Website by AQEEL FAROOQI  

 


 

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OTHER ARTICLES

Problems of identification of camera-trapped tigers
Indian Wildlife - challenges in the new millennium
The greying of India
On the road to extinction
A Tribute to Rumbha - the elephant  
State development project threatens state bird - Sarus
Shahtoosh ban gains momentum worldwide
The road to disaster
Killing nilgais in the name of crop protection
Warring NGO's may spell doom for the tiger
Where have all the sparrows gone?
Cuckoos that fly out of crows' nests
Corbett park woes continue to mount
A question on post mortem examinations in the wild
Is it time to 'cry wolf' again?
Lifting of US sanctions may boost wildlife conservation
Migratory waterfowl may be hit by war in Afghanistan
UP wetlands to provide improved habitat to waterfowl
Anthrax as a potent wildlife killer
Man-elephant conflict takes heavy toll
Demoiselle cranes fly to safety in India
How long lasting are conservation victories
Fake tiger skins : a knotty disguise
Who cares for the wild here anyway?
A tribute to Charger - the long living tiger
Draining of wetlands threatening wildlife
Wildlife management needs rapid response units
Dudhwa loses another tiger
Indian Wildlife Board meets after five years
 

 WILDLIFE WINDOW | Aqeel Farooqi

Hindustan Times, Lucknow | February 13, 2002

 

Dudhwa loses another tiger

At the fag end of January, there came news that yet another tiger was found dead in Dudhwa tiger reserve. As usually happens in such cases, wildlife circles were abuzz with discussions about the possible causes of its death. In the absence of any concrete information dissemination by the Forest department, either though the print media or the internet, it is not surprising that one perforce has to base oneís inferences on reports that emanate from individuals or organizations which are actively involved in conservation activities in the area where the incident occurred. This unfortunately creates a situation where some doubts are raised against the efficacy of the Forest department, and often leads to a face-off between the department and the conservationists.

In this case too, there is just the preliminary official confirmation that the body of a tiger had been recovered on 29 January, from the Belrayan range of Dudhwa tiger reserve. Following standard procedure, the park management conducted the obligatory post mortem and sent the viscera to Bareilly for detailed examination, while burning the rest of the body. It is this examination report from Bareilly that would be the final instrument of proof that ascertains whether the tiger had been poisoned, or if it died of causes other than poaching.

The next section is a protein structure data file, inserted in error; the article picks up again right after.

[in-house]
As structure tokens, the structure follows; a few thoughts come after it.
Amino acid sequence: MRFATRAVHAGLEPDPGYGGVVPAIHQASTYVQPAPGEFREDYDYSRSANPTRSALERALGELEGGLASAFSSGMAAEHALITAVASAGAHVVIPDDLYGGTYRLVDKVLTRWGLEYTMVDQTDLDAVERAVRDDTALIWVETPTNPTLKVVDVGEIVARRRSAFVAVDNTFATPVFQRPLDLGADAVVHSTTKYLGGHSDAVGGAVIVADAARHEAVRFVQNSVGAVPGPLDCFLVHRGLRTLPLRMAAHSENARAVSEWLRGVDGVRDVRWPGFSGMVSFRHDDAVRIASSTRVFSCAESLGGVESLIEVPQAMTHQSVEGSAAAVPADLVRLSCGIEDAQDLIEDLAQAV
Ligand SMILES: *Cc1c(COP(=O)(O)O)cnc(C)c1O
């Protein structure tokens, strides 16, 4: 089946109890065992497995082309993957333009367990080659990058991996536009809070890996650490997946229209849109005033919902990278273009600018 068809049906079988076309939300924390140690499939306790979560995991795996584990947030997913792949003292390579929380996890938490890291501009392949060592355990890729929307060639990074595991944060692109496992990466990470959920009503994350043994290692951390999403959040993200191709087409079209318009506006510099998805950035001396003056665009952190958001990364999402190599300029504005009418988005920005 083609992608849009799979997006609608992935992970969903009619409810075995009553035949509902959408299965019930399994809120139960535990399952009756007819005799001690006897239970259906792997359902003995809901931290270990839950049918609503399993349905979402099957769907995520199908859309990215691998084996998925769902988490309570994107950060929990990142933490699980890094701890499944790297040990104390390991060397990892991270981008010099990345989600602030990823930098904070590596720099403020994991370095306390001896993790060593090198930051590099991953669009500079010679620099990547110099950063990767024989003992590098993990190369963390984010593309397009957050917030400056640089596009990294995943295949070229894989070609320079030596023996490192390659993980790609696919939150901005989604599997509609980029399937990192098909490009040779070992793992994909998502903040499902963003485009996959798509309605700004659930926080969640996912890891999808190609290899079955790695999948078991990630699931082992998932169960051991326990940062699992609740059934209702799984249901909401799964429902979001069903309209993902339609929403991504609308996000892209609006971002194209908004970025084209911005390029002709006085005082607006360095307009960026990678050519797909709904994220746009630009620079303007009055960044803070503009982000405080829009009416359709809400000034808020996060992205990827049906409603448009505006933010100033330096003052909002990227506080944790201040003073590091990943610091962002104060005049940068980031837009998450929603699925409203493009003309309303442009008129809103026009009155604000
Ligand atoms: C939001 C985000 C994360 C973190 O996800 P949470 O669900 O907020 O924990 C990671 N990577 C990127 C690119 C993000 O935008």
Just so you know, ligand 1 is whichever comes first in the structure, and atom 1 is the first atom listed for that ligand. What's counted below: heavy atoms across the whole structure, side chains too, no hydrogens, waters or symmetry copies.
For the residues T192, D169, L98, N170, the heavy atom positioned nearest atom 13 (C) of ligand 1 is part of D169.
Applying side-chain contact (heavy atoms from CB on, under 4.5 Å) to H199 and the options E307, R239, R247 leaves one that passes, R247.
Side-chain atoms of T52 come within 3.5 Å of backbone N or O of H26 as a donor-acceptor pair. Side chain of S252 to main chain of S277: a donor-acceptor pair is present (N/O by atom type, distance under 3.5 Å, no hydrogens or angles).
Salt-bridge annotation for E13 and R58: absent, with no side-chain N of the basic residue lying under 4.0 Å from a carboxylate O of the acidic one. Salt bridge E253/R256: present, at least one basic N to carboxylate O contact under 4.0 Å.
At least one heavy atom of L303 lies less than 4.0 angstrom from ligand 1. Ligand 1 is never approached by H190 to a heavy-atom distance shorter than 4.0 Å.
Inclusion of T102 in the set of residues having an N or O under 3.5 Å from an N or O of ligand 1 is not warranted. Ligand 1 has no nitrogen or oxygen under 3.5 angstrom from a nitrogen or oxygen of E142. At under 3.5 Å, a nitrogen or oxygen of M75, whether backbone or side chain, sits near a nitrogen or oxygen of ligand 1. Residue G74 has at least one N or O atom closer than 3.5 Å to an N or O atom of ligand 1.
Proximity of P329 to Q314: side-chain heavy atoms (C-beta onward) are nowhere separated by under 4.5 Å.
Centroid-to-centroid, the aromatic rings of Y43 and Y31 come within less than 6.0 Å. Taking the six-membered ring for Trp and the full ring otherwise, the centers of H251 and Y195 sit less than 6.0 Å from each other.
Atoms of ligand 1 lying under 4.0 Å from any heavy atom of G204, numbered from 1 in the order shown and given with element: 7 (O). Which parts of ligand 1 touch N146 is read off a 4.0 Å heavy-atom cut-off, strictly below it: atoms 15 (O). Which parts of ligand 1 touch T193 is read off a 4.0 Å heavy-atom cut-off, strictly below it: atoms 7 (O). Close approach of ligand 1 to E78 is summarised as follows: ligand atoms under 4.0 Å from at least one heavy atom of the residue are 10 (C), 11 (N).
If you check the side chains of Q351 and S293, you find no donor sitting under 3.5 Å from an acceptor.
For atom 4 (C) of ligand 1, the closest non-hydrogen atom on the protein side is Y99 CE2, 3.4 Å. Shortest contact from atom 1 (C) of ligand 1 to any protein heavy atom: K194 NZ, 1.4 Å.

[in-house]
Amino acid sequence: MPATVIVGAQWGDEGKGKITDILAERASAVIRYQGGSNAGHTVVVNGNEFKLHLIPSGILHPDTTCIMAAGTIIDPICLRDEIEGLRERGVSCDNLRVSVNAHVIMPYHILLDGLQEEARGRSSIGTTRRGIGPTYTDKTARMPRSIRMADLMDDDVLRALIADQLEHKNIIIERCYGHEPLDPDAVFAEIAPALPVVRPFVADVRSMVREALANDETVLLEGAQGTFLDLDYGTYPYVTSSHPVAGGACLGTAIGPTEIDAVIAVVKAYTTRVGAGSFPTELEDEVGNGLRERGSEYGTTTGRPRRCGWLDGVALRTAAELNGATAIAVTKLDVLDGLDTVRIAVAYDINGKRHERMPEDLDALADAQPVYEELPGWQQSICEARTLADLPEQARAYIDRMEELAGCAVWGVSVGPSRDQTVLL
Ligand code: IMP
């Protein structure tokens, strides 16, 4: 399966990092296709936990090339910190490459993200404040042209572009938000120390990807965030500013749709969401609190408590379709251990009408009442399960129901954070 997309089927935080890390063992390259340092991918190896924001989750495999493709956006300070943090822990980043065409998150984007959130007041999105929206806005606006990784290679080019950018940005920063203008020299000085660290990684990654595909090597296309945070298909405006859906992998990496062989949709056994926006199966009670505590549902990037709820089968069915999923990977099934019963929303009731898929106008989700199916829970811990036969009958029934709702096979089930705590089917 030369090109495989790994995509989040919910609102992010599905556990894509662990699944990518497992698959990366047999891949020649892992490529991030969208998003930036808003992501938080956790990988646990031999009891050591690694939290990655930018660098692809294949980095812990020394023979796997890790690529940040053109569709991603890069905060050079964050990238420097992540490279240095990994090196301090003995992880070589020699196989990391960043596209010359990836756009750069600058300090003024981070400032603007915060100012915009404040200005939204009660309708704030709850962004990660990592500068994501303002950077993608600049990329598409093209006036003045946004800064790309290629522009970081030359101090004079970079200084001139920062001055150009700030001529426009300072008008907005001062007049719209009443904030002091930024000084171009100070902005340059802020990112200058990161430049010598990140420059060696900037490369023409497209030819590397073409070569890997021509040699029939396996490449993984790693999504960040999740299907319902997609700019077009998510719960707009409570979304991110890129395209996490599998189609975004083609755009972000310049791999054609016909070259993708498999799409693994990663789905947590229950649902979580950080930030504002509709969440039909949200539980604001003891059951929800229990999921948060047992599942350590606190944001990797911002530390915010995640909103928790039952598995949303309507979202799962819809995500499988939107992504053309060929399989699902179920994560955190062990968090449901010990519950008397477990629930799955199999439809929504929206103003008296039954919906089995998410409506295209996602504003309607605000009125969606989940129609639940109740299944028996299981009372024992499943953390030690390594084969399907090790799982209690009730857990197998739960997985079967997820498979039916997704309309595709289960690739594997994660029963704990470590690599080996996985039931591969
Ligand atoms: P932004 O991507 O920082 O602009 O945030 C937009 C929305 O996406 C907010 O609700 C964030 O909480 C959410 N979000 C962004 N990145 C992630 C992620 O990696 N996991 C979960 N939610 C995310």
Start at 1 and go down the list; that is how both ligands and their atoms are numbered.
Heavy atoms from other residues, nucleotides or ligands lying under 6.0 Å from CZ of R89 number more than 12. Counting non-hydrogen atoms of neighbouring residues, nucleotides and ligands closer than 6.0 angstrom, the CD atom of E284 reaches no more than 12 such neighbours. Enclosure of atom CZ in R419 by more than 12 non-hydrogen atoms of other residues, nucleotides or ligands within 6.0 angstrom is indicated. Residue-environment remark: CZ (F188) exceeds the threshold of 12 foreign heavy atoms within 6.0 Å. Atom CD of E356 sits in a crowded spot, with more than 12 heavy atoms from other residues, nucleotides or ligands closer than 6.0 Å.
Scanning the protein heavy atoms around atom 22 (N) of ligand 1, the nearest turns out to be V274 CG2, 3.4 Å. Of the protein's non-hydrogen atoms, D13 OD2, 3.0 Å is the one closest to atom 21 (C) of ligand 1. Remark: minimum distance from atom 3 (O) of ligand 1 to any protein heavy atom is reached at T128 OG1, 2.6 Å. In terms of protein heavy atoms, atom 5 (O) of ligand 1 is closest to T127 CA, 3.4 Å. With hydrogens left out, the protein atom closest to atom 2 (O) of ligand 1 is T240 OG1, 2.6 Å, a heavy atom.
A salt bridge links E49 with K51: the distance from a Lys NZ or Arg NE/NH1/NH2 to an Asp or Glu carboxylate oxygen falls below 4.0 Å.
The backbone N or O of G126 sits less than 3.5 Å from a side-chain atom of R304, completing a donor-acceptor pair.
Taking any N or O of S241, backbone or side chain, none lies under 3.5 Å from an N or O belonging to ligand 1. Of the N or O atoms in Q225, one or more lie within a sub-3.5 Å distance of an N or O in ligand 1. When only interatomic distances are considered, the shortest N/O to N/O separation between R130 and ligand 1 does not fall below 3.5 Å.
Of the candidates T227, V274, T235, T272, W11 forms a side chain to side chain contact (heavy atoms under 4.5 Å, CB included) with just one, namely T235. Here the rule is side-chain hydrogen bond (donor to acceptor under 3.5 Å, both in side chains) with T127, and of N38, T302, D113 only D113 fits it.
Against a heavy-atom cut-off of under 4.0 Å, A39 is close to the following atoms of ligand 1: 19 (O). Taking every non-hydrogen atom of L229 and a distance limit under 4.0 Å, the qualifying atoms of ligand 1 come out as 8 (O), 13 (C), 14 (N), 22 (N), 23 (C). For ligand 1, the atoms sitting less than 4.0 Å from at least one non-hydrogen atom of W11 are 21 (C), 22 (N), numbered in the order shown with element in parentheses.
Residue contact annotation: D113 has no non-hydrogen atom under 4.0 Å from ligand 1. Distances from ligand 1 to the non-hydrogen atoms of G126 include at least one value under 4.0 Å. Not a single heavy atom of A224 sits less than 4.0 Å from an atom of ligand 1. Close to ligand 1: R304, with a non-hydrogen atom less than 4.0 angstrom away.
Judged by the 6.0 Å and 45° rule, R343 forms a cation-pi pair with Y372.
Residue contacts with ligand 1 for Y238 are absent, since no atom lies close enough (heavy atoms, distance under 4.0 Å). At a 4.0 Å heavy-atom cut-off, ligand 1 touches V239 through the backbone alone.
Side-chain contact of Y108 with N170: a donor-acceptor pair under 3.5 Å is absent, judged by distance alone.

But during the intervening period, till the report is finally made available to the department, and hopefully made public, it is inevitable that allegations and suspicions will be raised across the line that has so deeply divided standard opinions of the department and conservationists, both of which are paradoxically working towards the same end Ė that of providing the remaining wild tigers with a fighting chance of survival against the machinations of the poachers and wildlife traders.

Considering that the layout of Dudhwa has more than its fair share of reasons for its tiger population coming into conflict with the humans living in its surrounding areas, there have been adequate number of previous cases where tigers have been poisoned by villagers as an instinctive response to either a perceived threat from the big cat, or in retaliation against the inevitable cattle-killing by tigers in an area where grazing herds are pushed into the forest by herders, to whom the grass always seems greener on the other side.

It is these cases of poisonings that have now been so universally accepted as the main causative factor of tiger deaths in Dudhwa. So whenever a tiger is now found dead, one finger of suspicion always points in the direction of the villagers who, ostensibly angry at losing livestock to the great predator, or due to the fact that the tigerís territory may have become dangerously close to their homes and fields, could have resorted to lacing the tigerís kill with massive doses of pesticide.  It is another matter however, that this 'angry villager' syndrome that we seem to be getting trapped in, would be such a welcome smoke screen for the real poacher-trader nexus, which is thriving so brazenly on tiger bones and parts.

Be that as may, it stands to reason that the protection of tigers in Dudhwa is an enormously difficult task for the Forest department, since a free ranging cat like the tiger is bound to suffer when it comes in conflict with humans living in the vicinity of its shrinking habitat, and who are constantly making inroads or trespassing into core areas. It is therefore reasonable to give concessions to the people for whom saving the tiger and its habitat is just a government job, and a tough one too. But it is surely hoped that they would not evade responsibility if tiger deaths were caused by lapses committed in this job.

For the sake of honesty and transparency, it would therefore be prudent to await the report of the viscera examination from Bareilly, and all the while hope that wildlife management in Dudhwa has not been once again bested by the nefarious poacher.